I guess I didn’t even realize that was a real career, and so I started my career in management consulting. I was within the fashion and luxury sector, and I think I very quickly realized not only did I not like that sector, but I felt very sad for the partners that I often worked with. Which I mean, I’m totally editorializing their feelings, I don’t know, maybe they’re very happy and content with their lives, but every time I interact with them I just felt this mounting sadness of, you know, are they really happy with what they’re doing? Are they really finding fulfillment in it or are they really filling that hole in their heart with shoes and clothes and whatever? Because all [of] the partners that I worked with- most of them were women and they were beautiful and very thin and very fashionable, but…it didn’t seem like they were very happy, you know?

 

I think at some point I kind of woke up and was like, “What is going on? I’m deeply unhappy. And I just need to do something.” So, the natural outlet I found was through cooking.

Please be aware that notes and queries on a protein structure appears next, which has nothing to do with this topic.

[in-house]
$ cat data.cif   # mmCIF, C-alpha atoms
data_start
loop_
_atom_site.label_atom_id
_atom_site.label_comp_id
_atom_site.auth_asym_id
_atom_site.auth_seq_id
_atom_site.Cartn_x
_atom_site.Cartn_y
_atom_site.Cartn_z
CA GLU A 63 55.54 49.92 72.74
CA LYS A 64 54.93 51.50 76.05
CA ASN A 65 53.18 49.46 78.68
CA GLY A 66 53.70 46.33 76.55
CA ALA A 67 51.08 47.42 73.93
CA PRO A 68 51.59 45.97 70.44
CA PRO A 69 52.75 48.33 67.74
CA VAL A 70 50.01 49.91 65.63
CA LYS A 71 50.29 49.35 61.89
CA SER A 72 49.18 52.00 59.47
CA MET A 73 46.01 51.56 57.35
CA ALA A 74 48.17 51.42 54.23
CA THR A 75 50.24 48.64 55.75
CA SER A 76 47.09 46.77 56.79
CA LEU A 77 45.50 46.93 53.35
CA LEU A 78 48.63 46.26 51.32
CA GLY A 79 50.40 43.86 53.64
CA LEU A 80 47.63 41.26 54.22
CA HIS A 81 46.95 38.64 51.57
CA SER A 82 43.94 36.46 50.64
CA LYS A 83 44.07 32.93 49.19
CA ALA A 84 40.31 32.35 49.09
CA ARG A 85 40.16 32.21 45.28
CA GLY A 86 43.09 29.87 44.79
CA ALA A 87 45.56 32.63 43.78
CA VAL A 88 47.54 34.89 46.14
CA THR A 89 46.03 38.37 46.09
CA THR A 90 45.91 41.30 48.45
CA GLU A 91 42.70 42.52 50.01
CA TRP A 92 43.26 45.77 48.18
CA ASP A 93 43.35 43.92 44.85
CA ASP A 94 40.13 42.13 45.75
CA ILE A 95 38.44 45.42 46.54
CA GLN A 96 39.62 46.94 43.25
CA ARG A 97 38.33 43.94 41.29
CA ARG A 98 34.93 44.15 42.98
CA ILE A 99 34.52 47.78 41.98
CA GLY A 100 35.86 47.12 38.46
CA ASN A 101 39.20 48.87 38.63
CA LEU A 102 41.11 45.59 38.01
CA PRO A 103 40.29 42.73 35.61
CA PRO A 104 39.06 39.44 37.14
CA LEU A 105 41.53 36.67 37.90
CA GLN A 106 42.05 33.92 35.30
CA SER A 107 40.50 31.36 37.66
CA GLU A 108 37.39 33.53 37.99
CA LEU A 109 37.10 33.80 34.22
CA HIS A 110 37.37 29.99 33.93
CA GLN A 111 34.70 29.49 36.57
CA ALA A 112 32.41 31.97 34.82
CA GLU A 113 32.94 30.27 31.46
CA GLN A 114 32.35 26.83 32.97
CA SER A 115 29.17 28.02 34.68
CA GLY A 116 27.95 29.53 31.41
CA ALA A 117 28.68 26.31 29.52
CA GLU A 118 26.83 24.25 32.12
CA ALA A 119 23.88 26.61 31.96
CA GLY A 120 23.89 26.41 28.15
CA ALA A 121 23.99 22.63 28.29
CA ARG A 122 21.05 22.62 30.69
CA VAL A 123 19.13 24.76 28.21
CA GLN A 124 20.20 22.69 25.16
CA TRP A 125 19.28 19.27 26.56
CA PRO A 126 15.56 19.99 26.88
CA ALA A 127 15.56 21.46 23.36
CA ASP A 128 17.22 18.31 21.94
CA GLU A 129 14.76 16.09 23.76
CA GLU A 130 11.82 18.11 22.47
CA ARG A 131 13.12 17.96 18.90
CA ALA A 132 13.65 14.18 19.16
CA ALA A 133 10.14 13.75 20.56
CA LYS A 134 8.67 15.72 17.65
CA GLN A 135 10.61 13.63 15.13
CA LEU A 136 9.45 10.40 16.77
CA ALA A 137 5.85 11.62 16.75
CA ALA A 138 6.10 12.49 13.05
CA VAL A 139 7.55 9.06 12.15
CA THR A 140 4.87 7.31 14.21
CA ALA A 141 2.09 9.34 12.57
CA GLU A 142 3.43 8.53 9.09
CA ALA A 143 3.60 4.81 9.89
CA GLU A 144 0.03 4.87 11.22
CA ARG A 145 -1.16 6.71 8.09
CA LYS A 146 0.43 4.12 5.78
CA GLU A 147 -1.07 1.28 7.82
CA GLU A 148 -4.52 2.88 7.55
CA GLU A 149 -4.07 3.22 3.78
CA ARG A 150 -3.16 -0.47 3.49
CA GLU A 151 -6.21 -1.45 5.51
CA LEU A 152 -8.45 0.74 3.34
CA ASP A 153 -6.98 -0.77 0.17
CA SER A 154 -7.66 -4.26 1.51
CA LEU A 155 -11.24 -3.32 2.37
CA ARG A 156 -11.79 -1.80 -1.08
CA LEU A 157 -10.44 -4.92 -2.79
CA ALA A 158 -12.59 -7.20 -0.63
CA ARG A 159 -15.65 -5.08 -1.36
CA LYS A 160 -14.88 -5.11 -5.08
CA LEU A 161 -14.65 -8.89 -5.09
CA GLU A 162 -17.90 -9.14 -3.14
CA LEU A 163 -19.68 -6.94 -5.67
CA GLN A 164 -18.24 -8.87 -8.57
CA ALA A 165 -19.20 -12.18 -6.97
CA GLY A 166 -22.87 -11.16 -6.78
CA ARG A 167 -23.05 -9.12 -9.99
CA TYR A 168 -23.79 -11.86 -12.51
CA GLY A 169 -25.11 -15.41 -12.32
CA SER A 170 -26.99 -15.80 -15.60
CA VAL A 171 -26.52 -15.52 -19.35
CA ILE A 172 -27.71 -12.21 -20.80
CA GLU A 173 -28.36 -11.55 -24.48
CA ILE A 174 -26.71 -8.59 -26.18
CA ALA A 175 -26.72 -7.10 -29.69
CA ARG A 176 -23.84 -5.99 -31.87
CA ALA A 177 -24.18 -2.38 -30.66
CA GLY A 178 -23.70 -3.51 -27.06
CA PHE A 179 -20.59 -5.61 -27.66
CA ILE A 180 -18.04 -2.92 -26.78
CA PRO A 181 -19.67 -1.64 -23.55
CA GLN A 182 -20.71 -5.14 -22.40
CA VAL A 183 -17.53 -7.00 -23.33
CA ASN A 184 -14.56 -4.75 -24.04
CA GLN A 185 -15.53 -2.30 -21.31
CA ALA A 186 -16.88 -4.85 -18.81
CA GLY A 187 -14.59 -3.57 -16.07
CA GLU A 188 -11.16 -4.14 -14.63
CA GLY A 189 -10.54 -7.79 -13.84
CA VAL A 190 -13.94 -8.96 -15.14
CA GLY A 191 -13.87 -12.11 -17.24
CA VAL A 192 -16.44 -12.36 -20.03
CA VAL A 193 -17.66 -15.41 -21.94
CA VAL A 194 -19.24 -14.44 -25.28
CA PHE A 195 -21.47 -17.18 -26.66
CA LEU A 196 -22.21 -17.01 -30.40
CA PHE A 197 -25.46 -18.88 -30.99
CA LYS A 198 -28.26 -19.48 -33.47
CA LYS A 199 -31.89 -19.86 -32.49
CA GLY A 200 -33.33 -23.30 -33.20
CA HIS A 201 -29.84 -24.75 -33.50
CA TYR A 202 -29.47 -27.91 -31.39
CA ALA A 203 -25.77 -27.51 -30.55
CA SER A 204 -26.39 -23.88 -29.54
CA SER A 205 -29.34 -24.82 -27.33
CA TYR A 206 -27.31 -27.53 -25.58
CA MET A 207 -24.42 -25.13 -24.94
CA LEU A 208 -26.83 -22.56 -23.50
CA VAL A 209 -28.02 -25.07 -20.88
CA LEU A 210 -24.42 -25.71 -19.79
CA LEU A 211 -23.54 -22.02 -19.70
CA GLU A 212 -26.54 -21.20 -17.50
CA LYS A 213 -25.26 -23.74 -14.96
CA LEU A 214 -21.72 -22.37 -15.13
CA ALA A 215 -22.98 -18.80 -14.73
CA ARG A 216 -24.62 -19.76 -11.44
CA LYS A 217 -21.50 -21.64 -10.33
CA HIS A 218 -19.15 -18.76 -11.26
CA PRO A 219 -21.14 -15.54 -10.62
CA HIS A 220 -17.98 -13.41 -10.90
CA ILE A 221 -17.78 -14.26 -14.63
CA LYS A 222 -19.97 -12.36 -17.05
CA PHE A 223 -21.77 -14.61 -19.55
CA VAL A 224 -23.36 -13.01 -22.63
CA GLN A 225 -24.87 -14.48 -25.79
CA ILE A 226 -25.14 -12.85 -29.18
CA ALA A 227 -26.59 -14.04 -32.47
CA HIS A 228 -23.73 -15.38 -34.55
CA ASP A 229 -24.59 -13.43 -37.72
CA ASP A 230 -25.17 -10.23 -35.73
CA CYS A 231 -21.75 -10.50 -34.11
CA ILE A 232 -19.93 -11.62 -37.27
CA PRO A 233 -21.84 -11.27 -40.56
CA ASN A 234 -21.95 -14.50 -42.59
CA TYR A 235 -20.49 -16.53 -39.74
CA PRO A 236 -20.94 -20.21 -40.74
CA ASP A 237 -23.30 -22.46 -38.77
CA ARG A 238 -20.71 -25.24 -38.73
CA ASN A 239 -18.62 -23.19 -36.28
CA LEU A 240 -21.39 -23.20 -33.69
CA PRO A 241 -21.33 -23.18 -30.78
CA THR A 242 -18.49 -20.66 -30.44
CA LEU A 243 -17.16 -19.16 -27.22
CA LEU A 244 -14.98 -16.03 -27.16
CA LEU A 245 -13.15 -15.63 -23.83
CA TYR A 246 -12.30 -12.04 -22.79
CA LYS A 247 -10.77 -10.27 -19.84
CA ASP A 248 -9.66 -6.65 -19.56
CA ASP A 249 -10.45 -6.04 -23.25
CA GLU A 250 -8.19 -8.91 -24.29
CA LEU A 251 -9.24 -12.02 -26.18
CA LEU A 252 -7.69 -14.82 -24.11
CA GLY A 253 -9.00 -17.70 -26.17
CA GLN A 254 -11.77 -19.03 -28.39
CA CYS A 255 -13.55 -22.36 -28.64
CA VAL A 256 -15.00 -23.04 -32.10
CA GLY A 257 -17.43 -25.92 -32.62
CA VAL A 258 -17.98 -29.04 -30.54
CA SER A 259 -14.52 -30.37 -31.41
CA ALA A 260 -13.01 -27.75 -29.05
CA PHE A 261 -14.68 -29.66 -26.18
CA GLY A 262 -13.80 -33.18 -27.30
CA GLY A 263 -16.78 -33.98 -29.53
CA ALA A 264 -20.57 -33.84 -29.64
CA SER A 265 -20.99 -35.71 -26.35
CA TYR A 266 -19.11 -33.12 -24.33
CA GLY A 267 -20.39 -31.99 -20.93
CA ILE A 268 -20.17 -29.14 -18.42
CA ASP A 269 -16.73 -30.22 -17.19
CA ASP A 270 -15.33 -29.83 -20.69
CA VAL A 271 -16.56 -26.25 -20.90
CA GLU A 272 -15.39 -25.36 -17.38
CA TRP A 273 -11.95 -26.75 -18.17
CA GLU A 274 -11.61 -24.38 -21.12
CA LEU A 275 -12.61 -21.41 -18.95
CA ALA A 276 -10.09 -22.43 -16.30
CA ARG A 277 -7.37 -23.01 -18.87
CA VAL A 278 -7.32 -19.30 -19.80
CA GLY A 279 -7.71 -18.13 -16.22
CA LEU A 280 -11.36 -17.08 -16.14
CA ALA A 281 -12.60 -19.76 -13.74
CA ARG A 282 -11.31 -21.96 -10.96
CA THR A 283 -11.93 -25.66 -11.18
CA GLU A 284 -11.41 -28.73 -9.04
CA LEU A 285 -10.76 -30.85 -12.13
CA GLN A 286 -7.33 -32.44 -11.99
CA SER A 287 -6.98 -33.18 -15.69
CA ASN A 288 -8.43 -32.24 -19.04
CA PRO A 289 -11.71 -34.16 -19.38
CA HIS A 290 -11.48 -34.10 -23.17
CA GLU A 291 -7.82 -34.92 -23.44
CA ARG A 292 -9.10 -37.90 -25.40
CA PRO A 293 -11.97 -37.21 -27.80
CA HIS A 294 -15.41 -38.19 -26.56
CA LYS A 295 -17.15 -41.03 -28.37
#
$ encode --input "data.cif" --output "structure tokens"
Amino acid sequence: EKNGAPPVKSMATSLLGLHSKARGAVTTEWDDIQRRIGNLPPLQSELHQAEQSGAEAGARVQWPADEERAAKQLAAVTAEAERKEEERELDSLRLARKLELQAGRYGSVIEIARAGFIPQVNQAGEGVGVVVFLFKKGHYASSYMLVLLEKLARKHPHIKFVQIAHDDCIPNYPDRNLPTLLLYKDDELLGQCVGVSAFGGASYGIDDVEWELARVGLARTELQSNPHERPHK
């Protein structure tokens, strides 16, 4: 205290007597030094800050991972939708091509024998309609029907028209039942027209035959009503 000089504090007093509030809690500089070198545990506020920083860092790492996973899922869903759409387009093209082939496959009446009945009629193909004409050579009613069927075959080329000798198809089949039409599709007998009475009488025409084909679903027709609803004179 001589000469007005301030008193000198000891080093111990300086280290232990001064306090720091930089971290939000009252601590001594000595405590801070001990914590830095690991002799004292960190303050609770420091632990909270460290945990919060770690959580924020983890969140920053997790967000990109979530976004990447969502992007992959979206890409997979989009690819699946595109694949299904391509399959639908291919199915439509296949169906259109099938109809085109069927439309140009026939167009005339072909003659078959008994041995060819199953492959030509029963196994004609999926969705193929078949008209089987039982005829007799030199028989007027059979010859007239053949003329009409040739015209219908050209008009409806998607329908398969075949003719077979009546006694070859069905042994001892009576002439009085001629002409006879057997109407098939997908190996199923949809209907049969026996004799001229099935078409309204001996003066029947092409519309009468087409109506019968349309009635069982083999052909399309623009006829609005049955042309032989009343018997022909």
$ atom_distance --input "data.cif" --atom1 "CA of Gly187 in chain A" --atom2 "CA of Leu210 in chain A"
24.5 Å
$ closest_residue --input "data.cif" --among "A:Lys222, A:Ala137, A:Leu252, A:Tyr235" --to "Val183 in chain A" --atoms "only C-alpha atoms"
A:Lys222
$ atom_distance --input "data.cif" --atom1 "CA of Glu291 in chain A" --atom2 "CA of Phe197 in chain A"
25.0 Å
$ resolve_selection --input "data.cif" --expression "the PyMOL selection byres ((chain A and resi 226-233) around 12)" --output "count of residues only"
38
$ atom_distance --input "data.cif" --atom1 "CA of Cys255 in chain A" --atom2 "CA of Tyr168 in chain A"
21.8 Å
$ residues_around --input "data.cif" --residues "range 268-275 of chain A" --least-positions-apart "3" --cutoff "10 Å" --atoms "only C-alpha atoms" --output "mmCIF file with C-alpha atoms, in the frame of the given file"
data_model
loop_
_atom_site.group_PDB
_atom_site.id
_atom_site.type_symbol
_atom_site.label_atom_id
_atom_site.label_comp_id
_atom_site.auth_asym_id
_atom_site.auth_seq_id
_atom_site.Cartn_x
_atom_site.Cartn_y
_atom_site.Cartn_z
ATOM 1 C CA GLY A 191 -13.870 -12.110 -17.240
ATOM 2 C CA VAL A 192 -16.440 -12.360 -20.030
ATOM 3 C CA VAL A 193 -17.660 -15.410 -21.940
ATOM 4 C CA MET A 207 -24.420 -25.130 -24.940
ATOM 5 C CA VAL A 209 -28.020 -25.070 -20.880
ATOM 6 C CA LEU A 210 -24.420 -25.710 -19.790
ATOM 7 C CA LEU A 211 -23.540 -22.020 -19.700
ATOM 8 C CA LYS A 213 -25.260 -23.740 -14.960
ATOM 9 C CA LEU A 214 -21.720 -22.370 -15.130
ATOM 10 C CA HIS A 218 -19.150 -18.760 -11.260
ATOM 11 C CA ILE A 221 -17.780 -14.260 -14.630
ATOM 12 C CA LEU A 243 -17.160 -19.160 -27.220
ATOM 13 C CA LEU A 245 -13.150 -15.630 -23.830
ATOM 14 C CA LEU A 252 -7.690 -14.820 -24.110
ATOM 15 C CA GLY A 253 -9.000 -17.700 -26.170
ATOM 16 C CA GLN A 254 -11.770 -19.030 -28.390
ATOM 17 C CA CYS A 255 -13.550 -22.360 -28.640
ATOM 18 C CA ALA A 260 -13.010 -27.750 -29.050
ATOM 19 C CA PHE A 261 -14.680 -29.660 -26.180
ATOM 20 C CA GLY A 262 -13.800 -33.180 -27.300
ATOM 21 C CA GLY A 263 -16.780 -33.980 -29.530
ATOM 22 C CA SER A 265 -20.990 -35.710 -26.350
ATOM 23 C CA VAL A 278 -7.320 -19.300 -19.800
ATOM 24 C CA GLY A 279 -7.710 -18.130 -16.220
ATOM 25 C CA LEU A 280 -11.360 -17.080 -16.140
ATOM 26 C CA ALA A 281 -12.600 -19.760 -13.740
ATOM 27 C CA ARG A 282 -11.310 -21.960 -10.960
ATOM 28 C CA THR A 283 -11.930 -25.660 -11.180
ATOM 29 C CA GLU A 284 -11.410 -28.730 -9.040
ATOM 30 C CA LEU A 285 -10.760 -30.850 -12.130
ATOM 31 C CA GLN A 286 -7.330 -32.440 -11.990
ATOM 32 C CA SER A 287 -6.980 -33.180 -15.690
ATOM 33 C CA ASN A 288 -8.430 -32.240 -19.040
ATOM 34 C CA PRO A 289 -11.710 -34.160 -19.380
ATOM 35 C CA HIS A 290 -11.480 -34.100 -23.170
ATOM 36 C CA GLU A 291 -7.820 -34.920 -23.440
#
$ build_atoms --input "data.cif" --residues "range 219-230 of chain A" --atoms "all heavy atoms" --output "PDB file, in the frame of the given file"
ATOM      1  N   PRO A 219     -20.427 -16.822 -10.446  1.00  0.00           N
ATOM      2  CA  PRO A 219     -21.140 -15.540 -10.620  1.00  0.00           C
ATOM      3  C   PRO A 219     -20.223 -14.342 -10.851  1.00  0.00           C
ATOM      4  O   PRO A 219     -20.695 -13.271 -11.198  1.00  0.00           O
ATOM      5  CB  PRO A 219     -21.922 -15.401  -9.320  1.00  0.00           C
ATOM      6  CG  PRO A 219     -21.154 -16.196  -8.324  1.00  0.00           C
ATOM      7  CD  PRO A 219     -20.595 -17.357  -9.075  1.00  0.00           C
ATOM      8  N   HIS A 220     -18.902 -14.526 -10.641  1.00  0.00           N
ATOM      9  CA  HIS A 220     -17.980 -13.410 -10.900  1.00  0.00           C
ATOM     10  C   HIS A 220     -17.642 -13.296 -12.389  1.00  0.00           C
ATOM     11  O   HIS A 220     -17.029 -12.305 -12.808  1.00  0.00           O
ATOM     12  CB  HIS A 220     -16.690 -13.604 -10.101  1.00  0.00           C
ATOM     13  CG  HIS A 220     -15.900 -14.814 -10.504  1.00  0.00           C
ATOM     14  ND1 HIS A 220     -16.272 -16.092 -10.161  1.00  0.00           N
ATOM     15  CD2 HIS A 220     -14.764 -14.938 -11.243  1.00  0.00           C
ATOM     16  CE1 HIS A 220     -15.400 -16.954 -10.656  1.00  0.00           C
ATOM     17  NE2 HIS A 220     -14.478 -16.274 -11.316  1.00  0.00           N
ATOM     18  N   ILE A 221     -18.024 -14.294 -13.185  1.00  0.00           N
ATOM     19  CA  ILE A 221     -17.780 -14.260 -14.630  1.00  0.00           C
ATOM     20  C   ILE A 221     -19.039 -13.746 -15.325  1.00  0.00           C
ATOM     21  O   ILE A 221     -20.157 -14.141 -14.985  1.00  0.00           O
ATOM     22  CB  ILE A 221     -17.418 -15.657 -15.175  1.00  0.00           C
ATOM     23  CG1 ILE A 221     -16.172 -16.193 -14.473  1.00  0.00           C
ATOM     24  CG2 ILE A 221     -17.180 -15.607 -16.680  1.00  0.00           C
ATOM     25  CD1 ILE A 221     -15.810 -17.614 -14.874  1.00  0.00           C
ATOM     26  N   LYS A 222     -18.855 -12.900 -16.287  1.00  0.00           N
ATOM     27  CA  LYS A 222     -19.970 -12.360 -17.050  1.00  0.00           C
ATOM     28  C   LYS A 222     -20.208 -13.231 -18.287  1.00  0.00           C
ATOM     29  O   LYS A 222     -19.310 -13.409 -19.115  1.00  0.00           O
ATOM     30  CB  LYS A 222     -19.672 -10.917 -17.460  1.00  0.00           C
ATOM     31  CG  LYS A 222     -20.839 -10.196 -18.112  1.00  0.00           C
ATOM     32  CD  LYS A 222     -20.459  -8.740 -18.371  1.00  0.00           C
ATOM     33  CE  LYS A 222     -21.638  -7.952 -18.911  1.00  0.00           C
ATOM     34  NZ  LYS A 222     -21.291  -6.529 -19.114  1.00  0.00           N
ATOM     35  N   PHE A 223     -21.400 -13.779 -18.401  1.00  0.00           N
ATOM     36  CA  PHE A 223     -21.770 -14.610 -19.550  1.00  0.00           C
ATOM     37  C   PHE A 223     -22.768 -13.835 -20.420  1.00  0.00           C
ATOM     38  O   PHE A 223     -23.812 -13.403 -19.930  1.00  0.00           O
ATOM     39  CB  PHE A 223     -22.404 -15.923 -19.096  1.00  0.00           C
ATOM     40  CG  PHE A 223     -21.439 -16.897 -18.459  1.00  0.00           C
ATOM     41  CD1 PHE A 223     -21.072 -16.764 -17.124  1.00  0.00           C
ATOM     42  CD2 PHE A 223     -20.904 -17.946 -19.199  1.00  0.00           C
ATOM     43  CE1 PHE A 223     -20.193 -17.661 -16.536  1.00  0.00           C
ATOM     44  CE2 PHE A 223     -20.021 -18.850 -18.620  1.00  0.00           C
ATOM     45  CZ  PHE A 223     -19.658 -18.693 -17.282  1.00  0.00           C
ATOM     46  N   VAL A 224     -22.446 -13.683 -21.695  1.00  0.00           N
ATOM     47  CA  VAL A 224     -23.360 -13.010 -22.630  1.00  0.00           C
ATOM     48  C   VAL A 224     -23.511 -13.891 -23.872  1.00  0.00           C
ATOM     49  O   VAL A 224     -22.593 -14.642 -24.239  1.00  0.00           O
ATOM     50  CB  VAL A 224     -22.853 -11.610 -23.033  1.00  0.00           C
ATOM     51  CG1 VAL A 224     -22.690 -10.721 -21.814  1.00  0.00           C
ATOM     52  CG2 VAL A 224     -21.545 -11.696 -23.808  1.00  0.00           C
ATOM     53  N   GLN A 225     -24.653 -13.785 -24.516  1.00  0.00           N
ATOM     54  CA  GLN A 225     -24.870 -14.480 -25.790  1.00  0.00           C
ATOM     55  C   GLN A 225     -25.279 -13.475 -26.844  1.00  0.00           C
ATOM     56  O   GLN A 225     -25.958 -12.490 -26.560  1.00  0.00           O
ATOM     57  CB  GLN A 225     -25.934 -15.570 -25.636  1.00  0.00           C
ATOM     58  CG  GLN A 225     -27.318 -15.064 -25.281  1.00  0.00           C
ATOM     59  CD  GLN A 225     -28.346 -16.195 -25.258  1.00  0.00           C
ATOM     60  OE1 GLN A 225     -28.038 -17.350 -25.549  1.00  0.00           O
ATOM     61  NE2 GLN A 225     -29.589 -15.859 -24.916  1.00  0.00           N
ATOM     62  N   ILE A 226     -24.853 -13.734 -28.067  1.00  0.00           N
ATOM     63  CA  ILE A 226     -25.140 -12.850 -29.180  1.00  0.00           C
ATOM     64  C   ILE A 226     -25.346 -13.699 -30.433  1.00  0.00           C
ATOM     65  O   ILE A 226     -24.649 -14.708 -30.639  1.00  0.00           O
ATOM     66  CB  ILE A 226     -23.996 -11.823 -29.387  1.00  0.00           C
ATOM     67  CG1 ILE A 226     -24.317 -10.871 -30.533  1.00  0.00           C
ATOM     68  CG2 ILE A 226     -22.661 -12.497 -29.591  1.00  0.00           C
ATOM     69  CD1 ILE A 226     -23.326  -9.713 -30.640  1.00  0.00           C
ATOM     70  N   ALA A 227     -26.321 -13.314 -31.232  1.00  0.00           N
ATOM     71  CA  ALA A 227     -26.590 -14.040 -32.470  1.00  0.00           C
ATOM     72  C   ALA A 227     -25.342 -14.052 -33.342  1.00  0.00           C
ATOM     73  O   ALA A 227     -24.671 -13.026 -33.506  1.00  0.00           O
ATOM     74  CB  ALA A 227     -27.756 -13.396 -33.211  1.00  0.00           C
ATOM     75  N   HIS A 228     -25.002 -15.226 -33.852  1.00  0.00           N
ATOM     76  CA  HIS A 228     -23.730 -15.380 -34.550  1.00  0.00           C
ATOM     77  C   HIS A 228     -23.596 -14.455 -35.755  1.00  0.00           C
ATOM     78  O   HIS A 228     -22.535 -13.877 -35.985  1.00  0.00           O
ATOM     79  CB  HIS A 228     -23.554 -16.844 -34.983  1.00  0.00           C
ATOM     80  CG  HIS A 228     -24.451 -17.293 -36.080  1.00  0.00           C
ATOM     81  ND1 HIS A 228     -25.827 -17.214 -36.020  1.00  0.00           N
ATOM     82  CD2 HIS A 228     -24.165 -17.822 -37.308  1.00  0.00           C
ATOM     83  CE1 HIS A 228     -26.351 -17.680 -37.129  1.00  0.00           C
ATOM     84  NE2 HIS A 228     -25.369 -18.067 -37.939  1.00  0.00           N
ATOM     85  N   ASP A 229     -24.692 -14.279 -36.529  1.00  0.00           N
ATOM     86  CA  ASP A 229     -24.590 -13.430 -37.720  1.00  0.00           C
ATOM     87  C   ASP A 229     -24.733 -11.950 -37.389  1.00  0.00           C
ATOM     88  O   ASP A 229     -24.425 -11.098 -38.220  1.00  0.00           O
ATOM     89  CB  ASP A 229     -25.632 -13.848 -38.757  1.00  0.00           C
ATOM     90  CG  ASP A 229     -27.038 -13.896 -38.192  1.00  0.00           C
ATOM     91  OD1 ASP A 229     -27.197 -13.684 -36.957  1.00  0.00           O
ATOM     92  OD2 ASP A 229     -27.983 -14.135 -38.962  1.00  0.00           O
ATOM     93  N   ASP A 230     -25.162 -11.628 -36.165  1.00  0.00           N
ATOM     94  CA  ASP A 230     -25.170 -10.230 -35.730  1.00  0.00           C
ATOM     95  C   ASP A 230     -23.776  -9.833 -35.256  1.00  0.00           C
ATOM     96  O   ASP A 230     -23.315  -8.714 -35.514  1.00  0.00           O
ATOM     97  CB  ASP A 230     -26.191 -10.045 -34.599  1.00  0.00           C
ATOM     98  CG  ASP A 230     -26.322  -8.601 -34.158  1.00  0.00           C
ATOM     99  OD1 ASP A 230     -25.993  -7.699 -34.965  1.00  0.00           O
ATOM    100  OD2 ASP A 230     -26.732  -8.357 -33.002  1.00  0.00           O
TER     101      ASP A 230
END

I think that’s just a general statement: being well-dressed and very thin does not bring you happiness. I was waking up all the time just miserable and I was also developing so many issues during that time. I was really having issues with eating and my weight. I was doing a lot of binge eating. I went to a hypnotherapist to stop binge eating. I had this thing on my fridge that said, “Nothing tastes as good as thin feels,” which is a really famous Kate Moss quote. And we worked around the corner from the Christian Louboutin store in New York, it’s in West Village. And I remember being like, “If I get down to 95 pounds, I can go buy myself a pair of Louboutins!” And it was just a very unhealthy sort of spiral.